Parmanand Prasad (ME, Spring 2013)
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Have you ever contemplated how you would spend your time after you retire? Resting? Traveling? Spending time with family? How about going back to school? After enjoying twelve years of retirement, Parmanand Prasad did just that—he decided to attend graduate school. Prasad entered the graduate program at the University of Tennessee (UT) in 2009, and this past spring he received his master’s degree in mechanical engineering, a month after his 78th birthday.
Engineering is nothing new to Prasad as he spent most of his life working as an engineer in some capacity. When he retired, Prasad missed working on projects and conducting research, so he went back to work and took an engineering job at Think Tank, Inc. in Knoxville. In this position, Prasad spent his time designing a probe that would allow individuals to look into the fusion zone inside of a Tokomak. He soon realized engineering research had increased and changed since he retired, which inspired him to return to school. “I wanted to acquire up-to-date information in engineering. There has been advanced research done in every field over the years,” stated Prasad
Born in India, Prasad received his bachelor’s degree in mechanical engineering from Agra University in 1957. He worked for several years constructing the Foundry Forge Plant, which is the largest foundry and forging complex in India and one of the largest of its kind in the world. In 1970, Prasad, along with his family, moved to the United States and in 1975 he became a U.S. citizen. For a short period of time, Prasad worked for at the Sperry Space Support Division and United Technologies and in 1977, he was hired as an engineer at the Y-12 National Security Complex, where he worked until his retirement in 1997.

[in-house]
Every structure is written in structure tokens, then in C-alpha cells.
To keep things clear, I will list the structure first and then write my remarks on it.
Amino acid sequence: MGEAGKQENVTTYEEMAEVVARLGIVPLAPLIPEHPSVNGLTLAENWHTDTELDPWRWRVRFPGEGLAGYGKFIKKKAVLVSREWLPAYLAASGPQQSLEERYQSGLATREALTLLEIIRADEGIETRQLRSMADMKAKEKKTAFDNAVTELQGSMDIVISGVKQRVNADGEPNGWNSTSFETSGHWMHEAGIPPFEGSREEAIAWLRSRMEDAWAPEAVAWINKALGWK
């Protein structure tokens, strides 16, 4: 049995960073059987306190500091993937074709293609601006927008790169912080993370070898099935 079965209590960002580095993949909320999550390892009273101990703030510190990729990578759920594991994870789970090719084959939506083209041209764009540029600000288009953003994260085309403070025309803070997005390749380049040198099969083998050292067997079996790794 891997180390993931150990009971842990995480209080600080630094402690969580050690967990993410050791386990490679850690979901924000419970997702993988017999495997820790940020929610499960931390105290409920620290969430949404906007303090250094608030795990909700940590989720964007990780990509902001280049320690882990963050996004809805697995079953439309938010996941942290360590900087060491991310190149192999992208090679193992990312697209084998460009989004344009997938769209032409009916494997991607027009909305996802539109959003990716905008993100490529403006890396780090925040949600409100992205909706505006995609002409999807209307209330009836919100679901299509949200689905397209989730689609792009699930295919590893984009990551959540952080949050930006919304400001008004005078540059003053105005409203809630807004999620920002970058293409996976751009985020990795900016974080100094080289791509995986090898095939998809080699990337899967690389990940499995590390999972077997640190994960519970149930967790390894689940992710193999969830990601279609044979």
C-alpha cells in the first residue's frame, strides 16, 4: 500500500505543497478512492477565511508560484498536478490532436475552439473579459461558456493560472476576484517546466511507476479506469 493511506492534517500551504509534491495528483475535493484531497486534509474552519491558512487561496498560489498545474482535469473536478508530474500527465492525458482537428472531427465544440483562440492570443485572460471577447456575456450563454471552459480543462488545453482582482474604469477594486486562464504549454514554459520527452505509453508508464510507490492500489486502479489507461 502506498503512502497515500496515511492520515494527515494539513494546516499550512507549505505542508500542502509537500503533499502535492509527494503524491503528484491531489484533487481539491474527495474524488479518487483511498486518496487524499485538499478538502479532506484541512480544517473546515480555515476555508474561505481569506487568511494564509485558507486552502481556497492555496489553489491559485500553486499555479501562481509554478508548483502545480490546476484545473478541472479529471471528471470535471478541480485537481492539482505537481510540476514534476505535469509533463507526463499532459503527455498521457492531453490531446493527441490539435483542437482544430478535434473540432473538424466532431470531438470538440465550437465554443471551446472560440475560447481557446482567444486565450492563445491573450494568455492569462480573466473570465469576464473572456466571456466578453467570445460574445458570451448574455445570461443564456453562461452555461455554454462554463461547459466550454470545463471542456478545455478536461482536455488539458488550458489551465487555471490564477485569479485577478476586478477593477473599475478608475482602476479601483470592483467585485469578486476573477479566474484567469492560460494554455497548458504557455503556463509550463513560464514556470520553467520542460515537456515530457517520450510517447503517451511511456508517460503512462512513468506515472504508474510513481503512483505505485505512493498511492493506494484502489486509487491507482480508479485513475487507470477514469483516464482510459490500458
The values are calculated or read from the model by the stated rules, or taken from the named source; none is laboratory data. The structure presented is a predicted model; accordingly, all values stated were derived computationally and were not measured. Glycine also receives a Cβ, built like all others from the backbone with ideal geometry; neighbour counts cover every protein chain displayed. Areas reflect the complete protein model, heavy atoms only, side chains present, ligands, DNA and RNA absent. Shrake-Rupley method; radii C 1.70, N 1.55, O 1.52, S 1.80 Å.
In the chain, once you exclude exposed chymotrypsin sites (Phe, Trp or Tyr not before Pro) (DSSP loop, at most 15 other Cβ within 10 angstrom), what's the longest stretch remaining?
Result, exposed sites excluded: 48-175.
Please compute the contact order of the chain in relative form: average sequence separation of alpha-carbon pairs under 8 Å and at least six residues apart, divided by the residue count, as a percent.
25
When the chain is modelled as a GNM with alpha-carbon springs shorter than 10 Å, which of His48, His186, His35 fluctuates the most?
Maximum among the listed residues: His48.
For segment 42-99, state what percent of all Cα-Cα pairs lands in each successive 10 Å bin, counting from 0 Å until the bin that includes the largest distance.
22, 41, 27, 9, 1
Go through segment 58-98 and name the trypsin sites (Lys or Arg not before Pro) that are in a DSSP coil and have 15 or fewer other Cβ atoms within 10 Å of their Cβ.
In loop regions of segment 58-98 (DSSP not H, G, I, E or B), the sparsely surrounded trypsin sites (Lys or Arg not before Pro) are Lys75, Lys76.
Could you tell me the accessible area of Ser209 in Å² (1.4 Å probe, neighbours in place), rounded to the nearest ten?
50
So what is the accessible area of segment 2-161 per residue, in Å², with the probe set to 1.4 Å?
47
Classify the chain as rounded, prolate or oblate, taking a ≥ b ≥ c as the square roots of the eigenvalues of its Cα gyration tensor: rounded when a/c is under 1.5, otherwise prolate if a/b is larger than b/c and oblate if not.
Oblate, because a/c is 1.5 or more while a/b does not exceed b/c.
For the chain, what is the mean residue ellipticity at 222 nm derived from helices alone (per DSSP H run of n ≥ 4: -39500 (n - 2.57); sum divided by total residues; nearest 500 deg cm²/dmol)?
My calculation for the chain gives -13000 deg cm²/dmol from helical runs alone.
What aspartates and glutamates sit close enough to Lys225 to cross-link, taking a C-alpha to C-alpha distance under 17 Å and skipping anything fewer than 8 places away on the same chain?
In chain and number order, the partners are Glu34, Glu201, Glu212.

While attending graduate school, Prasad worked with MABE faculty member, Dr. David “Butch” Irick. “Parmanand and I were colleagues for many years at one of the DOE facilities in Oak Ridge before his retirement and my joining the MABE faculty. I was more than happy to be his advisor when he started taking classes several years later. He is a true example of a life-long learner,” Irick stated. At Y-12, Prasad worked with Dr. Irick to designing components of the U.S. Navy Seawolf-class attack submarine, which they won an engineering achievement award for. Prasad also received an engineering achievement award from NASA and was granted a patent for designing a Borbole camera, which is a cheaper alternative to core drilling.
Prasad’s four children and seven grandchildren are very proud of his accomplishment. He is a role-model for them; proving that they can accomplish anything they set their mind to do. Two of his sons are graduates of the UT College of Engineering. His son, Ajoy Prasad, received his bachelor’s in electrical engineering in 1985 and son, Mohan Prasad, received his bachelor’s degree in mechanical engineering in 1991.
Prasad wants to encourage everyone to keep learning and is proof that age has no limits. “Behave like a duck in a river, unruffled from above, but peddling like a devil underneath,” Prasad said. He has taken those words to heart and believes it is a concept that will help others accomplish the unimaginable. His advice to others is, “Do your daily work with full concentration and pay attention to details and remember that a work done well makes the next easier to be done.”
Since graduating, Prasad is embracing retirement by reading, gardening, and traveling to national parks. He can still be seen around campus attending audited courses and visiting Hodges Library for independent study.